The financial crisis is possibly the most significant global event, and it doesn’t look like there will be a band-aid solution. According to the most optimistic estimates, this might be a 5 years recession. The Davos meeting produced nothing of note except for the Erdogan coup de theatre, which might improve his national ratings but probably not the Turkish economy.
Confidence and trust in the world of finance is at its lowest. “Confidence grows at the rate a coconut tree grows and falls at the rate a coconut falls”. This is how Montek Ahluwalia, an Indian policymaker, summed up the 2009 gathering of the World Economic Forum. As long as confidence is not restored, the crisis will continue to evolve. And as dumb as we might be, it is going to take a while before we forget the deeds of the Wall Street pirates.
As much as I love to see free market and capitalism fail, I cannot help fearing that the poor will end up paying the price. True, a few CEOs may get the axe, but they’ve made tons of money, and they have their stash and they will not fall into poverty. And while the workers of Europe are taking to the streets in what is a breath of hope in a possible change, it is far too early to declare the death of capitalism, or even of neo-liberalism; especially that the alternatives have not yet fully evolved, and are not tested and tried. Countries like
The dynamics global food issues closely follow that of the global finances. Although food prices have decreased from last year’s spike, they are expected to remain high and therefore an increase in the number of those who are food insecure is to be expected. Meanwhile, the patterns of consumption of the rich and of the would-be-rich in the
Regardless of the reasons underlying the food crisis, which include biofuels, droughts, low agricultural productivity in
The other approach is based on the premise that the problem is not technological, but political. According to its proponents, trade policies inherited from colonial times have destroyed the food security of communities in the developing world and disempowered small and medium farmers. Therefore, trade policies need to be corrected and countries and communities ought to regain sovereignty over their food. This will enable the rebuilding of local food systems and their sustainable evolution.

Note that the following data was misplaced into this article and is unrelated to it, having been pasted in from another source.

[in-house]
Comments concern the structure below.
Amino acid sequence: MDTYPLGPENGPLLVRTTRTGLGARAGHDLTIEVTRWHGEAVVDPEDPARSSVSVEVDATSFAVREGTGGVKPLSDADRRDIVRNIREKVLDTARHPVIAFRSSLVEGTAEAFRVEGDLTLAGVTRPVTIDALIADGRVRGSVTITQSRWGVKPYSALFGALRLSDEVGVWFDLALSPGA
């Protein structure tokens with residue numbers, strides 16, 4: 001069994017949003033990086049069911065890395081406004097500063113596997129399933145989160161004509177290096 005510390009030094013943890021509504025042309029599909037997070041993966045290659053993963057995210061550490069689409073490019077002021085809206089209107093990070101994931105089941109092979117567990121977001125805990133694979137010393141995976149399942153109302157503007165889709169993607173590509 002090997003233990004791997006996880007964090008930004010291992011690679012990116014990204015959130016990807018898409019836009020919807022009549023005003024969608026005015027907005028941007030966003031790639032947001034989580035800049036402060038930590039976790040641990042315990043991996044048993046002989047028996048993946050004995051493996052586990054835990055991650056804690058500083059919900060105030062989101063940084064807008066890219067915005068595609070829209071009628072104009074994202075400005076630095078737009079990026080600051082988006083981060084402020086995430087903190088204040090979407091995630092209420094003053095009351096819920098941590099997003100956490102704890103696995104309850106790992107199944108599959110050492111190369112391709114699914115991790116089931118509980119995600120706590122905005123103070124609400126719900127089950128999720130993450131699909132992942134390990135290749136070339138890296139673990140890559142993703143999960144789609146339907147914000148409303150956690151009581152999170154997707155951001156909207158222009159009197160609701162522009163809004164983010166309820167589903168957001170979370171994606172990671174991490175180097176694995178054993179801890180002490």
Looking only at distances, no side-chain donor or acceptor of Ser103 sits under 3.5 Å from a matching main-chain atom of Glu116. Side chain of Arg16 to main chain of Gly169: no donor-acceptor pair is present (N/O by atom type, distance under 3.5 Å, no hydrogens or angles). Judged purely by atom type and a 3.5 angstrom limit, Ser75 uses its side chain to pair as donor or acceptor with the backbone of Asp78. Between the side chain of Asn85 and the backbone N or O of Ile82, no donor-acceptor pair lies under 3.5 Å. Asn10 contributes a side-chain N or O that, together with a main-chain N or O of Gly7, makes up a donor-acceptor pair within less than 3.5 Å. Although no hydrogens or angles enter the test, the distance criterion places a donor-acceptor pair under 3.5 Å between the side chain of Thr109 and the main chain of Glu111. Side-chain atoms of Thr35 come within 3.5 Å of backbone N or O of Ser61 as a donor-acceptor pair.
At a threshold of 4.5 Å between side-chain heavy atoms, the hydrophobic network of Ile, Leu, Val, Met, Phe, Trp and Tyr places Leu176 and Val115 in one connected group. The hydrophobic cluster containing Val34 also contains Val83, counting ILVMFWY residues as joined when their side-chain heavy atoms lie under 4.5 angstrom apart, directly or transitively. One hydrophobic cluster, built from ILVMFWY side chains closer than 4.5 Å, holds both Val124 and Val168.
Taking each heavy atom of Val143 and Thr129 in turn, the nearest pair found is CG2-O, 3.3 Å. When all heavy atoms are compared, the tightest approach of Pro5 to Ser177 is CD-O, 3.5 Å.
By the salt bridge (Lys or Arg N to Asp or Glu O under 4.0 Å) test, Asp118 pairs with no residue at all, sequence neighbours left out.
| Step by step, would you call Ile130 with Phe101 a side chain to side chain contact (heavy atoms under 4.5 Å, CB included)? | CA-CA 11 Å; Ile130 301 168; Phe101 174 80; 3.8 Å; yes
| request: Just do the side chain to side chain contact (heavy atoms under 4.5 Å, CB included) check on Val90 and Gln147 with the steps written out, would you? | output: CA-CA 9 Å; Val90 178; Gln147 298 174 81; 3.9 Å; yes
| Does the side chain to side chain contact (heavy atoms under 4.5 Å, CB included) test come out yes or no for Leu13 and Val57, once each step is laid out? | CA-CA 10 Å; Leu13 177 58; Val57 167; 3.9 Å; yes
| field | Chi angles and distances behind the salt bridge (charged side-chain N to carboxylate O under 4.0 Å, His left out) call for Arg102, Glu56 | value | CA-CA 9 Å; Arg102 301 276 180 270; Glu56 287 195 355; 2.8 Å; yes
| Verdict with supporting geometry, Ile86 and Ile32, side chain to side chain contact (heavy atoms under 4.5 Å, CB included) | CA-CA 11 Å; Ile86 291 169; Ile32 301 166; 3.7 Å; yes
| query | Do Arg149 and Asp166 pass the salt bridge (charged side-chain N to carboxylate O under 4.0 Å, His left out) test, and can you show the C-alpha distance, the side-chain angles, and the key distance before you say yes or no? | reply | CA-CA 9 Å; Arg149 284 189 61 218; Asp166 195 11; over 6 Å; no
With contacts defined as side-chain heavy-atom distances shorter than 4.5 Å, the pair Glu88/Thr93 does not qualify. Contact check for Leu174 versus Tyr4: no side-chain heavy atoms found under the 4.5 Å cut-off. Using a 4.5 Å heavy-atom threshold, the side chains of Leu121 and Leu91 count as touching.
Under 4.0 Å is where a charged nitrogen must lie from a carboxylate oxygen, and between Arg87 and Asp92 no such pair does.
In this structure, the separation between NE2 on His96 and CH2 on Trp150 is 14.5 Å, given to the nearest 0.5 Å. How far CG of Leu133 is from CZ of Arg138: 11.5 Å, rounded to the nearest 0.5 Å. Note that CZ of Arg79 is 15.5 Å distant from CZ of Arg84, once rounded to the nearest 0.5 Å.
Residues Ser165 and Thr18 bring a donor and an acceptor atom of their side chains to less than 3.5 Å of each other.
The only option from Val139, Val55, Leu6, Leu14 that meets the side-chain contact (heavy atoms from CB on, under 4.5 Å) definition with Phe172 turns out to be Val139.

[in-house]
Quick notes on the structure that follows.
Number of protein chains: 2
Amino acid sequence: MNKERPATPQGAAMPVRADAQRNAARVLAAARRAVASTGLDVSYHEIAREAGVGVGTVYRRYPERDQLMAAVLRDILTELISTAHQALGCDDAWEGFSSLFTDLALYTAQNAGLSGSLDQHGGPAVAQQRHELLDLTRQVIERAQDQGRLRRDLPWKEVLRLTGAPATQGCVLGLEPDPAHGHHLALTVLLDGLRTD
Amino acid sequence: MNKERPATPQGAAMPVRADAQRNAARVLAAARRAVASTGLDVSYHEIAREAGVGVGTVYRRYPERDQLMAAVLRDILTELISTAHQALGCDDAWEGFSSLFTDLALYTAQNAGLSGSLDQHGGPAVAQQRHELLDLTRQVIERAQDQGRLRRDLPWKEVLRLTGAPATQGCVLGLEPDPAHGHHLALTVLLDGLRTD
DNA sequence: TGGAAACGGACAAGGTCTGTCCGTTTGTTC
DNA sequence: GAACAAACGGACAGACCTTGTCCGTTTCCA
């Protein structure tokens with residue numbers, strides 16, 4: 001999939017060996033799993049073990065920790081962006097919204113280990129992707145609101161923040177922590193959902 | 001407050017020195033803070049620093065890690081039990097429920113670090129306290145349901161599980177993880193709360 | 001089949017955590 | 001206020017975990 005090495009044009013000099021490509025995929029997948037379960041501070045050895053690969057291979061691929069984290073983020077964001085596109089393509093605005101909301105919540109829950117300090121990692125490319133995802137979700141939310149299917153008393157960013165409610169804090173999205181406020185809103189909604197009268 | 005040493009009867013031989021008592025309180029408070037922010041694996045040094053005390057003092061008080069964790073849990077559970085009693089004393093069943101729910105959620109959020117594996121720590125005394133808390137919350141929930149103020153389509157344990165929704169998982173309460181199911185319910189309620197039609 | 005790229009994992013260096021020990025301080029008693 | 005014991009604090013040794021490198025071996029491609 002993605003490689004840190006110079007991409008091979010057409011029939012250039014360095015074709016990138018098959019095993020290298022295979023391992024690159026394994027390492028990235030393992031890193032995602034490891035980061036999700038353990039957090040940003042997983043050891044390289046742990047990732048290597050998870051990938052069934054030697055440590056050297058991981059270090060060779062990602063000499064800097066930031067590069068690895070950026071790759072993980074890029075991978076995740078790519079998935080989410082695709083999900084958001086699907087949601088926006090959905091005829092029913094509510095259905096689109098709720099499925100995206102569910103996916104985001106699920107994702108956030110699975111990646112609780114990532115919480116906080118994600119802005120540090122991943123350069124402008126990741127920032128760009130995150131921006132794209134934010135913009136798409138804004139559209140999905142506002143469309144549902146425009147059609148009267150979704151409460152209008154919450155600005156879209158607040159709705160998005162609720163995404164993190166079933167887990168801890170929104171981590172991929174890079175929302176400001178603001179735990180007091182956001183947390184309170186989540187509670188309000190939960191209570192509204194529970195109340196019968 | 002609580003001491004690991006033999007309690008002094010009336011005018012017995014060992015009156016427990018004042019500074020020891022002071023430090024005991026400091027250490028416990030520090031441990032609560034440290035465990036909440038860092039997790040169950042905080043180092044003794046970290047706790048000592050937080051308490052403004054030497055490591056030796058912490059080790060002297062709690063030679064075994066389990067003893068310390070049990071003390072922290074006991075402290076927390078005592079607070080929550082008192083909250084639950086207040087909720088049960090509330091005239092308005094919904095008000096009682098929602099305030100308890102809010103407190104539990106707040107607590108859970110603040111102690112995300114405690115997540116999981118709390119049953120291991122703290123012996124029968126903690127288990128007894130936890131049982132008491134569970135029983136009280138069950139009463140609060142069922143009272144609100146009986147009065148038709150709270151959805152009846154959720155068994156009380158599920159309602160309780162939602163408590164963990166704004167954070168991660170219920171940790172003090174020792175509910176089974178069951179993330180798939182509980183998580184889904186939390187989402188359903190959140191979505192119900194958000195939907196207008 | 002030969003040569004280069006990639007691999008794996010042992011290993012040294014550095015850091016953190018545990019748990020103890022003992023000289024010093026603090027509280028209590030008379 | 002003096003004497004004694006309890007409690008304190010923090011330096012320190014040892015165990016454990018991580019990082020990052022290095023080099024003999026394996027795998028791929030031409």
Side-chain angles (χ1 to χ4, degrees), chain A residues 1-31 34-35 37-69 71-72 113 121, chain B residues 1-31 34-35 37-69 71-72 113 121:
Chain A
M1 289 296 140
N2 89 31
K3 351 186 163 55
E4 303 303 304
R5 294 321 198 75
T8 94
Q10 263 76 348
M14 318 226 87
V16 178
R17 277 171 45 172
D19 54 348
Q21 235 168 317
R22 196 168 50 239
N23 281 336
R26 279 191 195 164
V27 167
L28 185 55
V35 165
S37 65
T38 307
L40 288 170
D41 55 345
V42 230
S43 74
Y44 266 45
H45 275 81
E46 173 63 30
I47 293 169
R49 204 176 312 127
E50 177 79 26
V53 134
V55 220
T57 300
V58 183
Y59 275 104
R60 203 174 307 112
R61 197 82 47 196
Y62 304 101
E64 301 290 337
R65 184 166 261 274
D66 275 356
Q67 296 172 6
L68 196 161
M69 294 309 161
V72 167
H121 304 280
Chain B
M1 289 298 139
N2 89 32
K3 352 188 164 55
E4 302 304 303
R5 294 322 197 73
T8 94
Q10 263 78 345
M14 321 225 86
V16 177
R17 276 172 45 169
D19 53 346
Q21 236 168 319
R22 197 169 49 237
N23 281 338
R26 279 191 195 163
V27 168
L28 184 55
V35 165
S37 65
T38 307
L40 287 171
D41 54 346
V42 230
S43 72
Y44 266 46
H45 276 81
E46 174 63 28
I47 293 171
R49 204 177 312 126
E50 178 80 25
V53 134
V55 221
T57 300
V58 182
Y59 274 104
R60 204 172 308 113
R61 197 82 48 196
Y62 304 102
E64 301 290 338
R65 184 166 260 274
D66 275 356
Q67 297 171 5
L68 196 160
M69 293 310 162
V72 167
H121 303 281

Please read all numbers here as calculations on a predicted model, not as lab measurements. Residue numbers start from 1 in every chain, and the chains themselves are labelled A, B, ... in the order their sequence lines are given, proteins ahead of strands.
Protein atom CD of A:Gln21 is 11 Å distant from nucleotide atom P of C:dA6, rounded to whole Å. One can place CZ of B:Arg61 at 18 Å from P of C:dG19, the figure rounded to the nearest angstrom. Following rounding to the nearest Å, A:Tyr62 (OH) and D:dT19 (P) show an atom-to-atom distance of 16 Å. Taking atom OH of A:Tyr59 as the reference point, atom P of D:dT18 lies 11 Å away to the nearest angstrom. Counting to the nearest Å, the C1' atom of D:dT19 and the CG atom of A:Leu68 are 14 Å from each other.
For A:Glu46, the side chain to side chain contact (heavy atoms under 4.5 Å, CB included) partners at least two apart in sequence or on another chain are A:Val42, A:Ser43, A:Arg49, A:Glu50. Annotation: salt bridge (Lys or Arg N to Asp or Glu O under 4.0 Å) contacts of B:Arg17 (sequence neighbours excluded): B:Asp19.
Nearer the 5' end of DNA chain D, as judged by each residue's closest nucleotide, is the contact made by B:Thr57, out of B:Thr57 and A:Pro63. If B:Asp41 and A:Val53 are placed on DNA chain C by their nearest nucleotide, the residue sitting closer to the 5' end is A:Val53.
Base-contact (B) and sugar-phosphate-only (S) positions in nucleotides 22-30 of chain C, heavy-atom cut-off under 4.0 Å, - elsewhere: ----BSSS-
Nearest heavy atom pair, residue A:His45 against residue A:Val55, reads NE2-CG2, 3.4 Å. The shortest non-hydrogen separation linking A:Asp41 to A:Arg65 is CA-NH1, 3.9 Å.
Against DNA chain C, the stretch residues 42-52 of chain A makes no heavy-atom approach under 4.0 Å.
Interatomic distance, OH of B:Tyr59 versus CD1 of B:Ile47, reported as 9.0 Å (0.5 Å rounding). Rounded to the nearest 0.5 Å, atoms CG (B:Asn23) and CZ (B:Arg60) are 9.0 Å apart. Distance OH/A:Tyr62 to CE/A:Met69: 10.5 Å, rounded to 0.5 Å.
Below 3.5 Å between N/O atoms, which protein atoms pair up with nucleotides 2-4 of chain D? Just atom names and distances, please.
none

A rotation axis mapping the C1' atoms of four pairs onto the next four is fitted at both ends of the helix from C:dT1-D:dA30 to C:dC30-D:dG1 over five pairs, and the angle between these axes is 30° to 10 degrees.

In all this, the Arab Countries are not players. They are net food importers and technologically retarded. The rich among them are looking towards buying colonies in Africa and
The Israeli elections represent probably the most critical regional event. The
The polls conducted during the
Regionally again, the Iranian nuclear empowerment will continue to occupy the minds of the rulers of the world. Obama appears to want to give it some time, maybe a year. He is too busy with the other dossiers at hand, including
Arab regimes are also absent from their own regional geo-politics.
However, one must keep in mind that any agenda that intersects with the Israeli agenda must be opposed by any means. This is not only because
The struggle against Zionism takes many forms. Arab states have dismally failed in their attempts to oppose the 5th largest army of the world with conventional military means.
However, these “victories” are coming at great costs, and reflect the state of despair, hopelessness and powerlessness in which the Arabs, especially the Palestinians and the Lebanese are. What else can you call the fact that we feel victorious because not all of us have been killed?
There are few newcomers to these demonstrations. There are few new supporters. The power of the existing supporters from civil society, in the Arab World and worldwide is still very limited and their numbers are very small: we are talking of thousands when we need millions, tens of millions. The few who are committed are dispersed, atomized, and often in disagreement over core issues. In the Arab world, they are severely repressed and have to be acceptable to the State in order to demonstrate, which paralyzes their discourse. This is why, in spite of the great efforts made by civil society movements in the Arab World and elsewhere, and in spite of the tremendous facilities offered by web-based communications, I disagree with Sate` Noureddeene’s statement in this recent op-ed in Al Safir, in which he predicts that armed struggle will soon be replaced by civil society struggle, as desirable as this might be. In the wake of Gaza and considering the current dynamics of Israeli politics and the endless subservience of Arab leadership, it looks like armed struggle by highly trained and well armed guerilla groups will continue to be the Resistance’s approach to confronting Zionist aggression. As my friend K put it: "not until the Mossad starts assassinating civil society activist will I start to believe in the superiority of vigils and banner-waving over Grad rockets and kornet anti-tank missiles."
However, the Resistance needs political and financial support from at least one international pole. It cannot exist and operate in a political vacuum, or without money. This, of course, brings us back to the financial crisis and to regional geopolitics.